Hearsay is information received from others that can’t be adequately substantiated first-hand. Such evidence is barred in both civil and criminal proceedings.
According to court records in Andreaus v. Impact Pest Management, 71-year-old plaintiff was reportedly injured when she slipped and fell as she exited the elevator at a condominium complex. She and her husband sued the association as well as the company contracted to do pest control for the association. The assertion was the foreign substance on which she slipped was pesticide, which had been sprayed on the tile floor just outside the elevator.
Before trial started, plaintiff filed a motion to exclude any mention on her own medical report indicating she slipped on water. It was true her medical records contained statements to that effect, but no one could pinpoint the source of those statements. Defense had no witness they could call to testify to that fact, nor could they even say who wrote them. Plaintiff denied having ever said anything like that.
Trial court decided the statements should not be admitted into evidence and granted plaintiff motion. Her attorneys then reviewed some 1,500 pages of medical records and made redactions that were consistent with the court’s decision. Those redacted versions of the records were then admitted into evidence in the slip-and-fall case.
The case went to trial. Shortly before closing argument, a defense attorney for the pest control company implied certain evidence presented by plaintiffs had been untruthful “in many respects.” Defense counsel then asked for a sidebar and pointed out two references in the medical records to a “spilling of water” and a “spill” had not been caught by the plaintiff’s legal team in their redaction efforts. Plaintiff attorneys did not realize their mistake, and there was no strong evidence introduced that might have suggested there was any other substance present on that floor other than pesticide.
Plaintiff attorneys indicated the error was clerical in nature and objected to any mention of water or a spill, considering such references had been previously deemed inadmissible as hearsay. They requested the opportunity to review the files again and make further redactions in line with the court’s previous order. Defense counsel argued the court should allow comment on the records as they were because they’d already been submitted as evidence.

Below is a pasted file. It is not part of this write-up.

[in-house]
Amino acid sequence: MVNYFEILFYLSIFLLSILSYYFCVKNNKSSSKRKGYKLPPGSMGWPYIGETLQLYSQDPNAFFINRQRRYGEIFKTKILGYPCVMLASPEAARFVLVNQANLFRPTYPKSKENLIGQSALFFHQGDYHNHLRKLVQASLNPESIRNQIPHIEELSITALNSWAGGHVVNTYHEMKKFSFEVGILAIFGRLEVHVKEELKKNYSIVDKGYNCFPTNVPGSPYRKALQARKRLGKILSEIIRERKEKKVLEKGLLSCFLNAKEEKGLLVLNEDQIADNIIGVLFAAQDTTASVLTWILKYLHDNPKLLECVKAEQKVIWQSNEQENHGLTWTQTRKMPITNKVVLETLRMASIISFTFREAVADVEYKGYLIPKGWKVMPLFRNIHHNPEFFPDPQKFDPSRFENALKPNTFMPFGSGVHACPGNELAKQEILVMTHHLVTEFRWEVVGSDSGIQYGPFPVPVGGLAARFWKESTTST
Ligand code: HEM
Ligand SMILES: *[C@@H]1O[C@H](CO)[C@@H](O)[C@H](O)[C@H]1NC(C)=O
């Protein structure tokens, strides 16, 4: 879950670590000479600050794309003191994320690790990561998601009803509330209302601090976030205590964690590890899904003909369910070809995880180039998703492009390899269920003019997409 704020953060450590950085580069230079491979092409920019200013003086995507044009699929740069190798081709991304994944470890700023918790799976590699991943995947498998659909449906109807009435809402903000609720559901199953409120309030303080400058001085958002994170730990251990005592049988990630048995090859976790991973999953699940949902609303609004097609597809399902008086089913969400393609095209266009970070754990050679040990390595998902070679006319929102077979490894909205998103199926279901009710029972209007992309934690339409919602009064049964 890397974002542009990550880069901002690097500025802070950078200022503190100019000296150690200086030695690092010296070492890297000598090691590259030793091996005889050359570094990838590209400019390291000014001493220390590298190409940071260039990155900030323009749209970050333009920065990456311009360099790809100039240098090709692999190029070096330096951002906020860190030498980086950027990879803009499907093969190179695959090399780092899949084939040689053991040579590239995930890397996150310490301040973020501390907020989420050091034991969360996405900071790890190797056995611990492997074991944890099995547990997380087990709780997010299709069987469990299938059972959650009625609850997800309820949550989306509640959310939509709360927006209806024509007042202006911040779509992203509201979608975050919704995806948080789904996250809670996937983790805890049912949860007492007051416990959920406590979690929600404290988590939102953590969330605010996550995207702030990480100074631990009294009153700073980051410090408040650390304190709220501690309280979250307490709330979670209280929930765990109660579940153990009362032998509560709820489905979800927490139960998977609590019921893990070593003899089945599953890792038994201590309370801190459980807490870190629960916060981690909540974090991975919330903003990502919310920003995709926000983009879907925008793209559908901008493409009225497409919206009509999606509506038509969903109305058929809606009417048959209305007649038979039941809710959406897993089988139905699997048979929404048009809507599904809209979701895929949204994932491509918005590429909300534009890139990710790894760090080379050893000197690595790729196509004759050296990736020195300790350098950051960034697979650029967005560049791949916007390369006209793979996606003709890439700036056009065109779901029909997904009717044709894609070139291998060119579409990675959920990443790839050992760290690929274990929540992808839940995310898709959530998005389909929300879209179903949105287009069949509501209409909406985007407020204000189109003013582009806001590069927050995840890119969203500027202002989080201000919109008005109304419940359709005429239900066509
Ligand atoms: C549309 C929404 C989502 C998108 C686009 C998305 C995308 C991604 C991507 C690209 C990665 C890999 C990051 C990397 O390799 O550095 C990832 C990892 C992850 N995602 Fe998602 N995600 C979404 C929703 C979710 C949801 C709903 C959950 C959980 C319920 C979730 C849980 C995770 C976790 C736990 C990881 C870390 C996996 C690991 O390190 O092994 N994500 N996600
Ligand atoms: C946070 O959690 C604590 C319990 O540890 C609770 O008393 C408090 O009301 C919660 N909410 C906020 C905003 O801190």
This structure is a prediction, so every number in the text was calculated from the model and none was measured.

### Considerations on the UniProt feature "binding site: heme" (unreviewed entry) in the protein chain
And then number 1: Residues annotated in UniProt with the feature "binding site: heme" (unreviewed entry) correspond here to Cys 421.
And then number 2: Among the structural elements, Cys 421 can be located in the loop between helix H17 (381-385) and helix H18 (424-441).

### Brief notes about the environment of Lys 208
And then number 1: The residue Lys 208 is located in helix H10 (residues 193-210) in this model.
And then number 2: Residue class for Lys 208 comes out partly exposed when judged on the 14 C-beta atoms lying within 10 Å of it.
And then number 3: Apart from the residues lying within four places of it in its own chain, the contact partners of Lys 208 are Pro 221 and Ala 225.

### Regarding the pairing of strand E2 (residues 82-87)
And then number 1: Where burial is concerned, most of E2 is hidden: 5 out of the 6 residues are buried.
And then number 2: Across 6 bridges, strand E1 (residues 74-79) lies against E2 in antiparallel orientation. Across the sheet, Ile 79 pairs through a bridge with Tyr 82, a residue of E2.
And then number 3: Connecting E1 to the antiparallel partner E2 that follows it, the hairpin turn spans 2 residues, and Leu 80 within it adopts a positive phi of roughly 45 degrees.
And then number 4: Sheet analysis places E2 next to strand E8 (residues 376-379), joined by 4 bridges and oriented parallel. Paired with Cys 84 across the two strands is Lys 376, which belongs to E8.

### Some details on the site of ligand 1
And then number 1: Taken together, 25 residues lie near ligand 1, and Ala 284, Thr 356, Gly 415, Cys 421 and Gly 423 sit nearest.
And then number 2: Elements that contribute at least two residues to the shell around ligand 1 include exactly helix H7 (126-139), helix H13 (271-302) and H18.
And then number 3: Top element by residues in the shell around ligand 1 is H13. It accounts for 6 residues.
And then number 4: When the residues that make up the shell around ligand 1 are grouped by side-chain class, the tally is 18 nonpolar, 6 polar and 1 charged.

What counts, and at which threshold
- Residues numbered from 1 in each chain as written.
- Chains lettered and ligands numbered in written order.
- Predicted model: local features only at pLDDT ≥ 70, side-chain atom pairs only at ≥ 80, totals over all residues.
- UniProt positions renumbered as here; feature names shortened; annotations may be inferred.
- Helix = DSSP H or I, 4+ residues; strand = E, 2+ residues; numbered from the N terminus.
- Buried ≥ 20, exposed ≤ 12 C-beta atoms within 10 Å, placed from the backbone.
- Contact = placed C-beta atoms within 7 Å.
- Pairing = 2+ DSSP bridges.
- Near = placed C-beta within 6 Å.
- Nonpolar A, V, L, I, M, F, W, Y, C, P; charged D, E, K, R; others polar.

Trial court sided with defense, stating that because it was already in evidence, plaintiffs would “have to live with it.”
Thus, these statements became a central issue in the case, with defense indicating plaintiff had not been truthful in failing to present the entire circumstance, and plaintiff counsel pointing out the reason it hadn’t been mentioned prior to closing arguments was that no one could say where that statement originated.
Jury returned a verdict favoring defendants.
On appeal, the 2nd DCA noted there was “no question” the trial court abused discretion in allowing the inadmissible evidence to be presented to a jury and further that the error was “extremely prejudicial” to plaintiff’s case. The appellate court further scolded defense attorneys for even asking to introduce evidence already deemed inadmissible.
This was further exacerbated by the fact there was no other evidence presented indicating any other substance was on the floor other than pesticide. Even worse, defense counsel was allowed to suggest plaintiff had been lying throughout the entire trial, when in fact there was no evidence to support the assertion a puddle of water could have caused the fall.
Therefore, the previous verdict was reversed and the case remanded for a new trial.
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Andreaus v. Impact Pest Management,Feb. 6, 2015, Fla 2nd DCA
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